Book: “Clown in a Cornfield” by Adam Cesare
Publishing Info: HarperTeen, August 2020
Where Did I Get This Book: I own it.
Book Description: Quinn Maybrook just wants to make it until graduation. She might not make it to morning.
Quinn and her father moved to tiny, boring Kettle Springs to find a fresh start. But ever since the Baypen Corn Syrup Factory shut down, Kettle Springs has cracked in half. On one side are the adults, who are desperate to make Kettle Springs great again, and on the other are the kids, who want to have fun, make prank videos, and get out of Kettle Springs as quick as they can.
Kettle Springs is caught in a battle between old and new, tradition and progress. It’s a fight that looks like it will destroy the town. Until Frendo, the Baypen mascot, a creepy clown in a pork-pie hat, goes homicidal and decides that the only way for Kettle Springs to grow back is to cull the rotten crop of kids who live there now.
Review: I am not afraid of clowns. I have friends who are, but I myself don’t really have much beef with them outside of sometimes finding them a little pointless. Even the likes of Pennywise of John Wayne Gacy’s Pogo just don’t really make me tap into my inner coulrophobic. But I do like a book that reads like a slasher story, and reading the description of “Clown in a Cornfield” by Adam Cesare felt like exactly that. Throw in some Millennial resentment towards older generations that don’t quite get the road we’ve had to travel, and I was eager to dive in and see what Cesare was going to do with all of it.
“Clown in a Cornfield” is a bit of a slasher story, a bit of small town secrets story, and some ‘okay, Boomer’ memes all mixed together to create a YA horror tale. On a few levels, this works out pretty well and makes for fun reading. The very concept of a bunch of teens being slaughtered by someone wearing a clown mask is great horror fodder, but “Clown in a Cornfield” takes it a few steps further than that and works through some generational angst that is playing out in the real world. The town of Kettle Springs, the setting of this book, is having a bit of a reckoning when it comes to the older people in town versus the teenagers. The older people want Kettle Springs to stay the same, living off of good family values, hard work, and the corn syrup factory that has given the town jobs and prosperity, until recently, that is. The younger generation, specifically the teens, just want to live their lives and then move on. Cesare takes a pretty realistic conflict and pumps it full of blood and guts, and it works pretty well, with those with traditional values blaming inevitable changes in values for all the ills within the town. It could have been heavy handed, but Cesare keeps his tongue planted in cheek firmly enough that it’s a rather effective satire. I also liked a few of our main characters, namely Quinn, the new girl in town who is trying to fit in. Quinn has enough tragic backstory to give her a little bit of pathos, but also stands on her own two feet well enough that she is likable and endearing.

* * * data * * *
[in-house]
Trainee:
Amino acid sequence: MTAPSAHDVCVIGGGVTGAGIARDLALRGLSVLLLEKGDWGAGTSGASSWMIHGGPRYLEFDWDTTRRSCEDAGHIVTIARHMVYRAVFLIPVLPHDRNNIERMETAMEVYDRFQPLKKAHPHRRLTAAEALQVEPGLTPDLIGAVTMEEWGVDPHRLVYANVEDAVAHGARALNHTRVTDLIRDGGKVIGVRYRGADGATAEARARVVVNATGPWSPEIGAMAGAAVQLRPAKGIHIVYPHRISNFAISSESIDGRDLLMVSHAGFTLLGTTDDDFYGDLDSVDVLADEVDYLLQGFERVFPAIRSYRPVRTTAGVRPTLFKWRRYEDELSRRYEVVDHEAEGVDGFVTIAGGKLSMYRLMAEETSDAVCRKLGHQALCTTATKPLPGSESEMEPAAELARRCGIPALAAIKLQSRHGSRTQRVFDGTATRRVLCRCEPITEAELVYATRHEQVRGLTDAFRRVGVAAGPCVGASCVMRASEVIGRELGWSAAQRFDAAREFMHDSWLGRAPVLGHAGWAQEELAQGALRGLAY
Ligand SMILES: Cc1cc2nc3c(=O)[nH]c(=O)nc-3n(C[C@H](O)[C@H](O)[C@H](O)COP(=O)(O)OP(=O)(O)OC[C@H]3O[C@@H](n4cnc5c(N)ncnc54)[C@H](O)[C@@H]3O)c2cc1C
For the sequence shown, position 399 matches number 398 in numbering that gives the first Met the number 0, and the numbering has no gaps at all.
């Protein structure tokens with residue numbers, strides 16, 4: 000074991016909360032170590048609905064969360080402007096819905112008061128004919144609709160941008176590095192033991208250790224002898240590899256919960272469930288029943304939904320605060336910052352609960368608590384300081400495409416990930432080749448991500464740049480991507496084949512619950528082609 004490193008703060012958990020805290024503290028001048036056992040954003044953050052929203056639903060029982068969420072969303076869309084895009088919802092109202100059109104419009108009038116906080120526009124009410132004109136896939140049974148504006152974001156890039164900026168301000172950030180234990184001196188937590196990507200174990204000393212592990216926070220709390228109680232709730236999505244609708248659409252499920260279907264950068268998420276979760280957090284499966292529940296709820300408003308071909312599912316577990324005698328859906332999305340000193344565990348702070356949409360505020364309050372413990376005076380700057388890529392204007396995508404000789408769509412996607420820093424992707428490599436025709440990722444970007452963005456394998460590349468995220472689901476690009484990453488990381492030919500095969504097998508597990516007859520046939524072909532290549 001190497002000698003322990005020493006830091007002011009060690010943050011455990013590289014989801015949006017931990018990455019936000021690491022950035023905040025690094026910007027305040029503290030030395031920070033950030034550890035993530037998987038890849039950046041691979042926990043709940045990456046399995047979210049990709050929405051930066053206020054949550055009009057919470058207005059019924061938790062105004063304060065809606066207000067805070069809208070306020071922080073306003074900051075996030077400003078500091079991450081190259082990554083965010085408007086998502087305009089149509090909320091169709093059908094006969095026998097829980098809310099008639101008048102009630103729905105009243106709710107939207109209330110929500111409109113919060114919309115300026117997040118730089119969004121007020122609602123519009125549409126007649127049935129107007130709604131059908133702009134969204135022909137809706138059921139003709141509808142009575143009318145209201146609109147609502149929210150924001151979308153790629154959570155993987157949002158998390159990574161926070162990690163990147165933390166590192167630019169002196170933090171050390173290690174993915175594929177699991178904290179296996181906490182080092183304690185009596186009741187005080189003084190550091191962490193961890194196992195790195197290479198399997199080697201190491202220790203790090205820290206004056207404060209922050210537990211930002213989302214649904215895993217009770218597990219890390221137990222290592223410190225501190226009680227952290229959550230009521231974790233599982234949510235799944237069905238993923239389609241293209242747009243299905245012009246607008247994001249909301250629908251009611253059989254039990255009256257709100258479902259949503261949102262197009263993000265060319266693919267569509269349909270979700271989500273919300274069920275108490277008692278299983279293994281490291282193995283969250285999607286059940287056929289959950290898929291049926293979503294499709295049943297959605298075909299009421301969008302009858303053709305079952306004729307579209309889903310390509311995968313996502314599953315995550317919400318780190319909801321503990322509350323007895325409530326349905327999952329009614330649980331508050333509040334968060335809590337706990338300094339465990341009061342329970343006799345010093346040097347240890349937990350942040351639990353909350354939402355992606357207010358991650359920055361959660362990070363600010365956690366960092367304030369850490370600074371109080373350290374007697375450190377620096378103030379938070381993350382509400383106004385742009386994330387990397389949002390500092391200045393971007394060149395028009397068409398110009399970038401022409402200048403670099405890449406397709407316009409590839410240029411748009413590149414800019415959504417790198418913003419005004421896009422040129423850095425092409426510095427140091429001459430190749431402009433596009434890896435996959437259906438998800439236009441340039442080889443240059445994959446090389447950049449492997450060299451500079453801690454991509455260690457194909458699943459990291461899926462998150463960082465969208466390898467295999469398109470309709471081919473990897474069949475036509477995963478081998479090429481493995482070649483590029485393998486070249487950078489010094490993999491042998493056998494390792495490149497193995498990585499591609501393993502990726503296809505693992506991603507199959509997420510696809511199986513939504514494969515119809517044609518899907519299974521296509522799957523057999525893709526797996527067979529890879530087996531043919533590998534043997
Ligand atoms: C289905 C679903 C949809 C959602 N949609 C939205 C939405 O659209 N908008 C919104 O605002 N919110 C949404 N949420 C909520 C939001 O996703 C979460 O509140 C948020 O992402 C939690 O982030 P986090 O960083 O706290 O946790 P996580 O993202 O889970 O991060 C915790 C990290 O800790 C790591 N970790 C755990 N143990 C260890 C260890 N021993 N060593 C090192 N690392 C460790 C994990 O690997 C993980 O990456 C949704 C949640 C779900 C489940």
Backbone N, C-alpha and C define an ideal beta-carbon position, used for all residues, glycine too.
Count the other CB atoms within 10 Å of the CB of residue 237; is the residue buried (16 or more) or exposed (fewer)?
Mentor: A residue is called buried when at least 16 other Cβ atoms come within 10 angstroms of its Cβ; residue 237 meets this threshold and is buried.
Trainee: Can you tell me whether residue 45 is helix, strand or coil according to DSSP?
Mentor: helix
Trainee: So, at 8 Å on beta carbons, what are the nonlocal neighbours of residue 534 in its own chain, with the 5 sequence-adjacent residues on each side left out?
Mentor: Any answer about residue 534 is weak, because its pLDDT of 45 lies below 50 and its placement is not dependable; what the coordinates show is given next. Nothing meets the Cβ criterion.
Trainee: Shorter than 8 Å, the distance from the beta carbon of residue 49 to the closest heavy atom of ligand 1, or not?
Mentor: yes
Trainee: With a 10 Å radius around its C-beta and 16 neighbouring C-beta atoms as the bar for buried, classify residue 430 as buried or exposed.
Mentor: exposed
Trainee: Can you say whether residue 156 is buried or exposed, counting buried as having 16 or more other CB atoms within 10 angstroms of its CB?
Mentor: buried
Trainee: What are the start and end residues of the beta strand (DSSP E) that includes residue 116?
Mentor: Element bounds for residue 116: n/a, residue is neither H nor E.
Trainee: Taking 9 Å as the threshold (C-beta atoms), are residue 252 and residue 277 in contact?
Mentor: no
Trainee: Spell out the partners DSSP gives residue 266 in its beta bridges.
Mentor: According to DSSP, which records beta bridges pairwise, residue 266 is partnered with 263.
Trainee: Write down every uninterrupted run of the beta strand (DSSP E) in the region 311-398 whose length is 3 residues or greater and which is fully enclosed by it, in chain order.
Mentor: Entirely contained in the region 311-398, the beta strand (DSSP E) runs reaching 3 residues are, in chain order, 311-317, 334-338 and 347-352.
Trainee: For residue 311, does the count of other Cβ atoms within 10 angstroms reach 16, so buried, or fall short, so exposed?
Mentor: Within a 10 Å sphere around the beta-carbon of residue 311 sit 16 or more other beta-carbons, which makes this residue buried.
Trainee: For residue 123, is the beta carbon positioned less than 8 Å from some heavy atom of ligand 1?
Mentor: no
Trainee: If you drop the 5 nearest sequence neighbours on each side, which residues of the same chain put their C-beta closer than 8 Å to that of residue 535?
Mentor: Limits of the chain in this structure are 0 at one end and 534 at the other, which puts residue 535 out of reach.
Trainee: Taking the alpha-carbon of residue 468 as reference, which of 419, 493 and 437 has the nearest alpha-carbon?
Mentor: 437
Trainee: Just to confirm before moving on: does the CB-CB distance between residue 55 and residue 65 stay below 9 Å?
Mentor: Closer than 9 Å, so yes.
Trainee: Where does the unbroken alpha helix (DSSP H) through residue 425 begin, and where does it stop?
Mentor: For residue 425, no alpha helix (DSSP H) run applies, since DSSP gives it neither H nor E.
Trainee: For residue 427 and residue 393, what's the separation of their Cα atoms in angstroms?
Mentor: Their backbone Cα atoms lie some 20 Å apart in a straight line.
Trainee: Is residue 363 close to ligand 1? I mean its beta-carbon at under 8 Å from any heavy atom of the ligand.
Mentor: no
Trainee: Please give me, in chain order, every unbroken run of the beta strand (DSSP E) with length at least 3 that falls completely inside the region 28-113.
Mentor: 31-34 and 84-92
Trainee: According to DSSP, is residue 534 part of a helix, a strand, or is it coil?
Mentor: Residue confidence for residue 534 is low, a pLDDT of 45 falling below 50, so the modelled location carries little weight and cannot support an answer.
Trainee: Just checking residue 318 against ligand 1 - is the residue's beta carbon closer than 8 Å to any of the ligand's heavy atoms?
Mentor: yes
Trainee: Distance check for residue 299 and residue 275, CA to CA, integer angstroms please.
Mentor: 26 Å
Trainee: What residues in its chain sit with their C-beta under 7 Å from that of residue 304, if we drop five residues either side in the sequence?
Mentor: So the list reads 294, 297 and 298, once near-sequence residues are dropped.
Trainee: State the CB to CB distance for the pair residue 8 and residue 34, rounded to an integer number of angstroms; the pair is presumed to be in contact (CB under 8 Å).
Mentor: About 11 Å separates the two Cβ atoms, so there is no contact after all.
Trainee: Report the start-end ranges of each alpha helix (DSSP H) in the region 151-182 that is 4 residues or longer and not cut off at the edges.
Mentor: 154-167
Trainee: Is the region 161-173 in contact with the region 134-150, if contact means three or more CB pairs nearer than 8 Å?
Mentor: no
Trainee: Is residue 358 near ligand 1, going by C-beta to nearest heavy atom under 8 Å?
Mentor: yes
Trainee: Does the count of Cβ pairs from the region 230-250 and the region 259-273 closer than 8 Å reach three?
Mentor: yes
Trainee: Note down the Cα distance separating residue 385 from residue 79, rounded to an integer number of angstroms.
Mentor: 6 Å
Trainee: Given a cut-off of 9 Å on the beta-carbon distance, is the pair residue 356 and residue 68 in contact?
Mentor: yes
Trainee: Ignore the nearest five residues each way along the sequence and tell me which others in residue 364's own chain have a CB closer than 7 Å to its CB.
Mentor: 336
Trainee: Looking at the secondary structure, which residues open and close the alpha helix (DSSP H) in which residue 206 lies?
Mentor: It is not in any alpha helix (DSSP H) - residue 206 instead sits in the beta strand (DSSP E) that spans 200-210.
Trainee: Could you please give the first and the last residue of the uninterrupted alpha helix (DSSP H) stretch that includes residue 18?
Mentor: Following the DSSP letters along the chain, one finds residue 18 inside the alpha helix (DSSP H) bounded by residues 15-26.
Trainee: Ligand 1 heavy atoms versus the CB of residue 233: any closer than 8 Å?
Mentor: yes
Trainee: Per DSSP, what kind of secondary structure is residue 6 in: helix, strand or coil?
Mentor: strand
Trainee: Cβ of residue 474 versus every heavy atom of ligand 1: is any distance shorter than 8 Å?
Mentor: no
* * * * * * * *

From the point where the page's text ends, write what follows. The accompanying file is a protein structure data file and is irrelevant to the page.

But that said, some of the executions of the plot points didn’t work as well for me. Besides Quinn and a couple other characters, we don’t really get to know enough about a number of the people we’re following so that it doesn’t feel like the stakes are too high when the clown Frendo (“No Country for Old Men” reference?) comes a knocking with weaponry and murderous intent. I don’t really care too much when a slasher film just has a bunch of stereotypes to act as machete fodder for a masked killer, but I think that on the page you have a little more wiggle room to give us some insight into your characters, even if it’s just a little bit. Along with that, the pacing was a little off at times, feeling a bit rushed in some places but kind of draggy in others. I bought the plot overall, as it really is just a slasher story and I know what I’m getting into there. But I think that had there been a little more focus on fleshing out some other characters and less on making super cool kills happen, it probably would have worked a little better. Especially since the satire was pretty well thought out.
“Clown in a Cornfield” is a pretty fun read. I think that it would have worked better as a gory limited series, but Cesare left room for a sequel, and it was good enough that I would definitely read it. If you don’t like clowns, maybe skip it? But if you’re like me, this could be a fun read for this time of year.
Rating 6: A sly premise and some fun characters keep this story afloat, though the plot is a little hasty at times and the scares feel like they’d work better on screen than on the page.
“Clown in a Cornfield” isn’t included on many relevant Goodreads lists, but it would fit in on “Clown Horror”. Obviously.